the American populace to convince their fellows of the reality
of trees of such giant proportions.
is important about the Chicago' specimen for our present
interest is the style of the exhibit made: it is almost
exactly the same as that of the Coast Redwood exhibit here
offered for sale: a 'room tree.' The story of the Noble's
cutting and showing has been thoroughly studied and a published
history is available (see bibliography). The pictures of
the cutting operation of this Giant Sequoia help, too, to
some degree, to understand better how the work must have
been done to prepare the section now on sale here. Some
contusion came to light immediately when more investigation
on the 'Niagara tree' (so called for present purposes; see
below) was undertaken in recent months as both the Noble
(Giant Sequoia) and the Niagara (Coast Redwood) were cut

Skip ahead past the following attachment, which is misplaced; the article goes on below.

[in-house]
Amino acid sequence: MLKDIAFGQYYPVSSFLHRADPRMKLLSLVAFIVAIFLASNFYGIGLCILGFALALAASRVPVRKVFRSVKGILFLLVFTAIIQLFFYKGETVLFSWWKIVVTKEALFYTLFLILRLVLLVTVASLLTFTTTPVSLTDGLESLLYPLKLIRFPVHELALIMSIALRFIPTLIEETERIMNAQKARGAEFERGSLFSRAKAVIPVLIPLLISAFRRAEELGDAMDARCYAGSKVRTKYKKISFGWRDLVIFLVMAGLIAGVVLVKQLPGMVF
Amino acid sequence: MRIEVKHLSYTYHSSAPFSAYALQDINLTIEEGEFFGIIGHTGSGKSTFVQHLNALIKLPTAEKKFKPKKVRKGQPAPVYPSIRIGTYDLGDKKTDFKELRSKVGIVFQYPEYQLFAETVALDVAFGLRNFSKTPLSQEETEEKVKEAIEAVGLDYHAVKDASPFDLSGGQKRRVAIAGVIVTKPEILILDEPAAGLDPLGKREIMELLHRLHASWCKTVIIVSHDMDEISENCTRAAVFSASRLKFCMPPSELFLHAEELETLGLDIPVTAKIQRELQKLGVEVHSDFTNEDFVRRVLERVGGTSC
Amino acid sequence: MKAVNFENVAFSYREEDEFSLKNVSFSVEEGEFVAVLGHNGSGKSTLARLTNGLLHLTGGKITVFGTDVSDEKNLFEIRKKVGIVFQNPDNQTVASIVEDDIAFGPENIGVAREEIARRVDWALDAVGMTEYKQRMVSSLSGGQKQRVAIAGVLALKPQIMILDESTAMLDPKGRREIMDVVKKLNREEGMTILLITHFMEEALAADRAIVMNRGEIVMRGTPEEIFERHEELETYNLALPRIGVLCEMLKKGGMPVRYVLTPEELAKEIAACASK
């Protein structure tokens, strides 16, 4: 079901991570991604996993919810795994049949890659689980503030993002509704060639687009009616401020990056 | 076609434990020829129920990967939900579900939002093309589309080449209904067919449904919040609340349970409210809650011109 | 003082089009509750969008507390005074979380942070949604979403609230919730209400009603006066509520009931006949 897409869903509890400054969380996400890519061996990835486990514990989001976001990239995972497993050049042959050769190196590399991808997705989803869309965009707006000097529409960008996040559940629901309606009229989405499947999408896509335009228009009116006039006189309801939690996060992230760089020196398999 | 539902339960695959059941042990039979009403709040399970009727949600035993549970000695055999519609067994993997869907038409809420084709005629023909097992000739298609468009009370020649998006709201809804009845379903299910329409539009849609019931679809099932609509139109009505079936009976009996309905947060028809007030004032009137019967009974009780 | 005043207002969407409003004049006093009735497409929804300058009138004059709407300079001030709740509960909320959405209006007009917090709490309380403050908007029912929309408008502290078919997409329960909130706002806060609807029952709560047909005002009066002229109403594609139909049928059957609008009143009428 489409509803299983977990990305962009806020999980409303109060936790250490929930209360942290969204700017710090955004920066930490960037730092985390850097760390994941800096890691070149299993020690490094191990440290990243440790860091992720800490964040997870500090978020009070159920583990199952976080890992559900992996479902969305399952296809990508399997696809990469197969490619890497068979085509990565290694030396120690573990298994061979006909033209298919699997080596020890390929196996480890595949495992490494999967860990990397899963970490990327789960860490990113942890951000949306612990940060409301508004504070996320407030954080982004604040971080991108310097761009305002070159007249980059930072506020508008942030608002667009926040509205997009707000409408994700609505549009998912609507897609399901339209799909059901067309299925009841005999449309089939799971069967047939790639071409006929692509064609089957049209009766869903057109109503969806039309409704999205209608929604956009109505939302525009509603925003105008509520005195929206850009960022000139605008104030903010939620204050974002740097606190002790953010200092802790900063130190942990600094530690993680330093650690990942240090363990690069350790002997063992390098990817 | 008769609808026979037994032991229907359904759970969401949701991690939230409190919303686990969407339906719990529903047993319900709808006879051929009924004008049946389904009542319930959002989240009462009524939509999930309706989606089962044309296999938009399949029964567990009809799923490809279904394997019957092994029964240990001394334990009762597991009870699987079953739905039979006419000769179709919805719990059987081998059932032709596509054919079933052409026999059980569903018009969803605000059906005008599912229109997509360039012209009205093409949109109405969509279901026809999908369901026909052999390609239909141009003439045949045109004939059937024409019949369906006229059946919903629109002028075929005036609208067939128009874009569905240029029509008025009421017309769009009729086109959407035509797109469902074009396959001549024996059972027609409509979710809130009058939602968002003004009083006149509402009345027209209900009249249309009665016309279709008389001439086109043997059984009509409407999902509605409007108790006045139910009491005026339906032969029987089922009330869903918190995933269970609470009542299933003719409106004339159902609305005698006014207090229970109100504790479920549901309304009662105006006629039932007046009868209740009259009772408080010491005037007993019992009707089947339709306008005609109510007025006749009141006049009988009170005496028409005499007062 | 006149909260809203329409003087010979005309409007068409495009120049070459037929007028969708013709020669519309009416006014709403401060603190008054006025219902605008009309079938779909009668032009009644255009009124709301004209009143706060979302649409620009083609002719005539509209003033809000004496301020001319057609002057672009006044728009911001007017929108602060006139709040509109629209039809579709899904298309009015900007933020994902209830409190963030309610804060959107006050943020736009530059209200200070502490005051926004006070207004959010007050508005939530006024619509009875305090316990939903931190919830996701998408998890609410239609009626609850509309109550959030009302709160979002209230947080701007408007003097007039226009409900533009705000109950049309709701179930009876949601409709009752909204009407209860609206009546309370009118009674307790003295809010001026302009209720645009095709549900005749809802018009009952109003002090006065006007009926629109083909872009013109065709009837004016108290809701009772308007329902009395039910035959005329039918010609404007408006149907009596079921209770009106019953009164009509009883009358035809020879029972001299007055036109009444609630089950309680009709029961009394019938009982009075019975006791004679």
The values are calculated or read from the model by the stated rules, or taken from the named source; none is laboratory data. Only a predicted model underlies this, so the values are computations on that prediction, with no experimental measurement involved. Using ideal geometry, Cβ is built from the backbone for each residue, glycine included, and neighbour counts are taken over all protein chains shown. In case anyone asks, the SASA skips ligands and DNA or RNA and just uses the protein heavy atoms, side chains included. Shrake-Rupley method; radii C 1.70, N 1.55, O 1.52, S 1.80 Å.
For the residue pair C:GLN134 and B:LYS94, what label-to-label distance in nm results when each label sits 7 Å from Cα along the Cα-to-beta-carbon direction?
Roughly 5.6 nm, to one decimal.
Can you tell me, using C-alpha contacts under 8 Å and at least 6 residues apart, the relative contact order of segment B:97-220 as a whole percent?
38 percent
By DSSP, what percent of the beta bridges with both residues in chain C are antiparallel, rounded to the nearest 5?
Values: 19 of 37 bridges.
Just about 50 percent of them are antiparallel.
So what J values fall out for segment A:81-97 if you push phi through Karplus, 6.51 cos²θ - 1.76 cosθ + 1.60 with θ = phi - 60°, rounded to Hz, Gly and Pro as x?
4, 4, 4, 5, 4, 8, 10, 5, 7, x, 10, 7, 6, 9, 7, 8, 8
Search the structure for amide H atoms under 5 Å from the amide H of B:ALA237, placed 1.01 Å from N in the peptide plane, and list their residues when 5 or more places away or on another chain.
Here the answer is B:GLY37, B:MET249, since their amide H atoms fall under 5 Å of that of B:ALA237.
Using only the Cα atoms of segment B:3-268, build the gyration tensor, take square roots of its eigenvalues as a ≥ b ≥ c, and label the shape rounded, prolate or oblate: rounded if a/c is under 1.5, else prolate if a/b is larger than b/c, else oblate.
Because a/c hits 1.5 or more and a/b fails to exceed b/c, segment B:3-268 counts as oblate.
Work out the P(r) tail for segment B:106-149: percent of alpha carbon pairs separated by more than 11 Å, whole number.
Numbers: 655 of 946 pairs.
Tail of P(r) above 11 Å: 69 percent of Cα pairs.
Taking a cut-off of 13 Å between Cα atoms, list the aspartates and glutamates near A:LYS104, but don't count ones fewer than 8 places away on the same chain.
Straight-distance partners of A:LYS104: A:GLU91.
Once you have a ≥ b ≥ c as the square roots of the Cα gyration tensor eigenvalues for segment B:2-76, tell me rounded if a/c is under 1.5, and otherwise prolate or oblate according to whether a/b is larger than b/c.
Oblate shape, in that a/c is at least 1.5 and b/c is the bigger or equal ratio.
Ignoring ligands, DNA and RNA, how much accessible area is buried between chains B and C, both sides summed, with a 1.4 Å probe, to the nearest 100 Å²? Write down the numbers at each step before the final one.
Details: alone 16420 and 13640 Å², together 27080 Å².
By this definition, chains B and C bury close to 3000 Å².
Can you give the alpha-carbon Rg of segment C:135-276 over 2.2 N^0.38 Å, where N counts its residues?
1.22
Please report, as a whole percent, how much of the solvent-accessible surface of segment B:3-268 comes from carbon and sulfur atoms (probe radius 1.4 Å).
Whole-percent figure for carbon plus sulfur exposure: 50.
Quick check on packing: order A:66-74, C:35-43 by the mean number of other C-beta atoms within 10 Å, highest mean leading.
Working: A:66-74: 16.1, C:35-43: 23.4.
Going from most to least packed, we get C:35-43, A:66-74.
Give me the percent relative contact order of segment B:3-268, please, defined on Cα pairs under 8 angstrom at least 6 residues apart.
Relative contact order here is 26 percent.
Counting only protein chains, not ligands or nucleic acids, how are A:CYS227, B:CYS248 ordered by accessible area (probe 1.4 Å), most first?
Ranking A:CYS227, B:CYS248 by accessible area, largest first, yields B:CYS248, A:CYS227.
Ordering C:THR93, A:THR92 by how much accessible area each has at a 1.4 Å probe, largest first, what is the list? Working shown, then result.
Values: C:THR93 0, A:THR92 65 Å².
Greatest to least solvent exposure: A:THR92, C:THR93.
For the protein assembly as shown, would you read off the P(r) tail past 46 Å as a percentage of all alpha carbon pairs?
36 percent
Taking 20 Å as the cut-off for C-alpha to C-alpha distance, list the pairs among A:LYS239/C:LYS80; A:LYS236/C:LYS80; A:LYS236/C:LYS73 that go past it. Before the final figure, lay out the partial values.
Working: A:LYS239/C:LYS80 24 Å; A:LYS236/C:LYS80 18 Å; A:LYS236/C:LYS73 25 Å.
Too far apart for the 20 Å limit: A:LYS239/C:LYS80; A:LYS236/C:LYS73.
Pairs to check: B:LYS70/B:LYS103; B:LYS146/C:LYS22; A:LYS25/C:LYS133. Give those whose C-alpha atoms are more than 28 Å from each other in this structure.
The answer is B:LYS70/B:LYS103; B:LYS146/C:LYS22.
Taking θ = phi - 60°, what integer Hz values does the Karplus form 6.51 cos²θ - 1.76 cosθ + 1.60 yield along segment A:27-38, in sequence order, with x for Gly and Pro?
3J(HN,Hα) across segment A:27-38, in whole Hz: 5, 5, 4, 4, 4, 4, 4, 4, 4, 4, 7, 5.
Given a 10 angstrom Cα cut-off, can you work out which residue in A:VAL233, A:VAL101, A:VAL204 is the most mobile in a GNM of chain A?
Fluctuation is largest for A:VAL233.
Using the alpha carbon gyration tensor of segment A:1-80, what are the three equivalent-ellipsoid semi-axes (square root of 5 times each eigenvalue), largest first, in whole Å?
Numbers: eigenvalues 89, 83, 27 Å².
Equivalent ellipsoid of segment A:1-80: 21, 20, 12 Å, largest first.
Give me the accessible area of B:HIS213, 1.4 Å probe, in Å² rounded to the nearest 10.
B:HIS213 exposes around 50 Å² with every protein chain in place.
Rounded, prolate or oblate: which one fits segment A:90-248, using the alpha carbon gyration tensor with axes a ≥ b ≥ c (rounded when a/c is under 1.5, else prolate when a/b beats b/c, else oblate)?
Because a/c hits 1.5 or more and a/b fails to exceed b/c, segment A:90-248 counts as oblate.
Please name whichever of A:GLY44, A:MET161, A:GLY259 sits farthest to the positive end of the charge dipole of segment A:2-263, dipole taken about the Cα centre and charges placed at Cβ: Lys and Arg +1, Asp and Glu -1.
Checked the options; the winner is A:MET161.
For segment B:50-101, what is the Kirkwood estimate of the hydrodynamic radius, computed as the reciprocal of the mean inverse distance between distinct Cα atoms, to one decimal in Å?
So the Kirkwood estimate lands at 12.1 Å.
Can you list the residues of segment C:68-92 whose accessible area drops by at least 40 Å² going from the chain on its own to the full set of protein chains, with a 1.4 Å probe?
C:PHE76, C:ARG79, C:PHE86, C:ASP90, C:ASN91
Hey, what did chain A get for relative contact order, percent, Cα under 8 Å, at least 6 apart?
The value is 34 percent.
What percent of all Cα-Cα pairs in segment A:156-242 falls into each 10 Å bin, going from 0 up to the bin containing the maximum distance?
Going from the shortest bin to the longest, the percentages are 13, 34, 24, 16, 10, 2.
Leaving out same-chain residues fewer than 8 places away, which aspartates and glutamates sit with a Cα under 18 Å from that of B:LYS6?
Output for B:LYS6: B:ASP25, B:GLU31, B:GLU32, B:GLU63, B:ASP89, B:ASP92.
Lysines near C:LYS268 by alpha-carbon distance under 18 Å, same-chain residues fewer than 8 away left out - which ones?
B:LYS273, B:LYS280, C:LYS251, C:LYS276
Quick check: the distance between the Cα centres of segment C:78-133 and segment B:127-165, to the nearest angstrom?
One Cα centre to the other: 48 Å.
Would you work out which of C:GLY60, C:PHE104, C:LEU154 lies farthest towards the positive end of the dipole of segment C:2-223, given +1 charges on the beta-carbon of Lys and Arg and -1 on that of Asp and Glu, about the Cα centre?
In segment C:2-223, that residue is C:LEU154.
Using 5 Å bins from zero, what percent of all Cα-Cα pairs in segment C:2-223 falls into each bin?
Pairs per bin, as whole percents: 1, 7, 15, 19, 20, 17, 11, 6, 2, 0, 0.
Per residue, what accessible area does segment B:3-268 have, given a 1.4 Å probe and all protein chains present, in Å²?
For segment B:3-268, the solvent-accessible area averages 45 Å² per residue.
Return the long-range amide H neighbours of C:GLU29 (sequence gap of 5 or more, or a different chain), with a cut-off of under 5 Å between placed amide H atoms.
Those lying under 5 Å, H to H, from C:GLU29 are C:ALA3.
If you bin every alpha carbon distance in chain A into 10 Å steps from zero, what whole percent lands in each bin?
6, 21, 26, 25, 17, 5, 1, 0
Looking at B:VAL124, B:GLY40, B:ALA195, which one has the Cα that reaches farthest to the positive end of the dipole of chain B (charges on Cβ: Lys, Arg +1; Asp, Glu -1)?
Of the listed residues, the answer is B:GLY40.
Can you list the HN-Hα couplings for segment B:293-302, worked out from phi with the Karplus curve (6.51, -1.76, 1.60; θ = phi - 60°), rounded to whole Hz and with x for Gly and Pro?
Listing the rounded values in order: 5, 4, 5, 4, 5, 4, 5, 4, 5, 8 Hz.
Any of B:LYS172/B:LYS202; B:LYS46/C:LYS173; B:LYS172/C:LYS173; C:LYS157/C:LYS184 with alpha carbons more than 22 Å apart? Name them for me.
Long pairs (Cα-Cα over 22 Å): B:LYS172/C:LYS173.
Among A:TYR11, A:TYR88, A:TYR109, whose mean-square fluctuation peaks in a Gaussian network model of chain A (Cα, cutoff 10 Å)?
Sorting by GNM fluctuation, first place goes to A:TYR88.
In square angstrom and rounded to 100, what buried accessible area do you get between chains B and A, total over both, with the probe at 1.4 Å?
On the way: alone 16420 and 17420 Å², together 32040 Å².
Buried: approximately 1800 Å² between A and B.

in the same year of 1893. While a photograph (see attached)
of the Niagara would seem clearly to indicate that the tree
was different from the Noble, a wood scientist has recently
studied the Niagara to prove that it is, in fact a Coast
Redwood. This has been assured and is one more piece of
evidence that the 'room tree' offered here for purchase
is a Coast Redwood. This is significant, as no other such
exhibit is known to exist anywhere outside Northern California,
thus adding to the exhibit value of the Niagara tree.
Niagara tree was cut, as confirmed by a photograph of the
period, on February 14, 1893 along the Eel River in Humboldt
County, California and was felled in the manner typical
for Coast Redwoods. Unlike Giant Sequoias, which are unusually